Sometimes, extending an application through microservices or APIs isn’t practical or possible. Whether there is no new functionality to be added, or the effort to add new features through extension is too high to justify, refactoring parts of a legacy codebase might be necessary. This can be easily accomplished by isolating individual pieces of existing functionality from the current application into containerized microservices. For example, refactoring an entire social network into a Docker-ready application might be impractical, but pulling out the piece of functionality that runs the user search engine is a great way to isolate individual components as separate Docker containers.

Another great place to refactor a legacy application is the storage mechanism used for writing things like logs, user files, etc. One of the biggest roadblocks to running an application within Docker is the ephemeral filesystem. Dealing with this can be handled in one of a few ways, the most popular of which is through the use of a cloud-based storage method like Amazon S3 or Google Cloud Storage. By refactoring the file storage method to utilize one of these platforms, an application can be easily run in a Docker container without losing any data.


When a legacy application is unable to support multiple running instances, it might be impossible to add Docker support without rebuilding it from the ground up. Legacy applications can have a long shelf life, but there comes a point when poor architecture and design decisions made in the early stages of an application can prevent efficient refactoring of an application in the future. Being aware of impending development brick walls is crucial to identifying risks to productivity.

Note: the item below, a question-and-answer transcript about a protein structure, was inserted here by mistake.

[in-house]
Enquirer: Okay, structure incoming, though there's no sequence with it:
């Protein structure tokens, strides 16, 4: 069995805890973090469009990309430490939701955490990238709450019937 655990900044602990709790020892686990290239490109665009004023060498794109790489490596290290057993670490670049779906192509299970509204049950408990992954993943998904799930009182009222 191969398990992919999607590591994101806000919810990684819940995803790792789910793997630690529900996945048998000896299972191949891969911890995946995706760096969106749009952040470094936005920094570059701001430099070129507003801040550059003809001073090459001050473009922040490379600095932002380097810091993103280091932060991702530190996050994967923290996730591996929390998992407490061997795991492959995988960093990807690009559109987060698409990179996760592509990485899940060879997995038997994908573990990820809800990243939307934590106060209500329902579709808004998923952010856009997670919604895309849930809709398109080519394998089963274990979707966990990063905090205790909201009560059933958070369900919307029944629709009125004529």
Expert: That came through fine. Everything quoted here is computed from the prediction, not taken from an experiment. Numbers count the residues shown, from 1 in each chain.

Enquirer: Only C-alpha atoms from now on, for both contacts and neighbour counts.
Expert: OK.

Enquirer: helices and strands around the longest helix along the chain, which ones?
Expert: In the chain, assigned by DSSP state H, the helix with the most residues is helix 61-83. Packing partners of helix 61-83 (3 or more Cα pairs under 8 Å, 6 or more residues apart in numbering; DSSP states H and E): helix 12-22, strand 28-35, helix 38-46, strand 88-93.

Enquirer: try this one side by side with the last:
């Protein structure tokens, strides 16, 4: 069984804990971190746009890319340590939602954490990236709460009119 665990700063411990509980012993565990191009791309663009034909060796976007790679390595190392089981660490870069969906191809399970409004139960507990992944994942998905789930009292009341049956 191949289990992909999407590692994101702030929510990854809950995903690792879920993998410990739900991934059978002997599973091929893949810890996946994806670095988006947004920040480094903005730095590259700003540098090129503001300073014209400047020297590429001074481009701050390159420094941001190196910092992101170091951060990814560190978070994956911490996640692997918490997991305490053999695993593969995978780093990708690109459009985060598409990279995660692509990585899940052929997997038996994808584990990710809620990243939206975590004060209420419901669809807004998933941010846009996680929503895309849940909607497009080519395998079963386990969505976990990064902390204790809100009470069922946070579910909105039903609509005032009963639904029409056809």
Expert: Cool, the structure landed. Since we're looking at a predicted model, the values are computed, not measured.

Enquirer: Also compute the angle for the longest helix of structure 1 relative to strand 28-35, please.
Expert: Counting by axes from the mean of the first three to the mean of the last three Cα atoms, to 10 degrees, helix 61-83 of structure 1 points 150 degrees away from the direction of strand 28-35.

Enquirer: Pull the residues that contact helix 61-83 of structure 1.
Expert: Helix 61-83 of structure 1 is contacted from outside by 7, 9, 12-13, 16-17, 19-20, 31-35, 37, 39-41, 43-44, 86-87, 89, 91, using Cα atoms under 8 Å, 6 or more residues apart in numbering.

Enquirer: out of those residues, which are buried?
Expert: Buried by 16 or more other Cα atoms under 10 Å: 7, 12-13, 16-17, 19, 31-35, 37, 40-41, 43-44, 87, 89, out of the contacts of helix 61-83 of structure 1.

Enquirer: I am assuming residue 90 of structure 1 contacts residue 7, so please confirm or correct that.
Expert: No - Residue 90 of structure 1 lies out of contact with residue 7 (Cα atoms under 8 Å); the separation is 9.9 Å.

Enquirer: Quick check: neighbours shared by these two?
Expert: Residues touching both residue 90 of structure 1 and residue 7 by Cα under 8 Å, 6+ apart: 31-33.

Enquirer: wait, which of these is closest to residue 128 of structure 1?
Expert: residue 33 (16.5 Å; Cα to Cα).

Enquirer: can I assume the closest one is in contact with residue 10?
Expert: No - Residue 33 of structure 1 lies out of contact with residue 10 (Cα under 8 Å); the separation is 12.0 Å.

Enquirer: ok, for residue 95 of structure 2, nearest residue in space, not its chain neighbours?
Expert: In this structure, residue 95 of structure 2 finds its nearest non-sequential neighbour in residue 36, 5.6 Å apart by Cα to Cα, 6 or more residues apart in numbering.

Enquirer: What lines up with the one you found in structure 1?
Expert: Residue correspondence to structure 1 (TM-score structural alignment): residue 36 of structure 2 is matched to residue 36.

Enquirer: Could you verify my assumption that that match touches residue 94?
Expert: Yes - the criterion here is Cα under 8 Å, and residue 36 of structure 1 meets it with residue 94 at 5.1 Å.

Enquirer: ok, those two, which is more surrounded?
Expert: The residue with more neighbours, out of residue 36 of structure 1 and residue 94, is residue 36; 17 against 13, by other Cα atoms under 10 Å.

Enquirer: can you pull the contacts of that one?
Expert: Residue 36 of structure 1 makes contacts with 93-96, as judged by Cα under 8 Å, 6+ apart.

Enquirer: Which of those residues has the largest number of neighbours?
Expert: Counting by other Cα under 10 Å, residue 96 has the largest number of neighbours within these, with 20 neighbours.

Ultimately, there is no hard rule when it comes to modernizing legacy applications with container technology. The best decision is often the one that is dictated by both the needs of the product and the needs of the business, but understanding how this decision affects the organization in the long run is crucial to ensuring a stable application without losing productivity.

To learn more about using containers, join our February Online Meetup: More Tips and Tricks for Running Containers Like a Pro, happening Tuesday, Feb 28.

Zachary Flower (@zachflower) is a freelance web developer, writer, and polymath. He’s built projects for the NSA and created features for companies like and Buffer.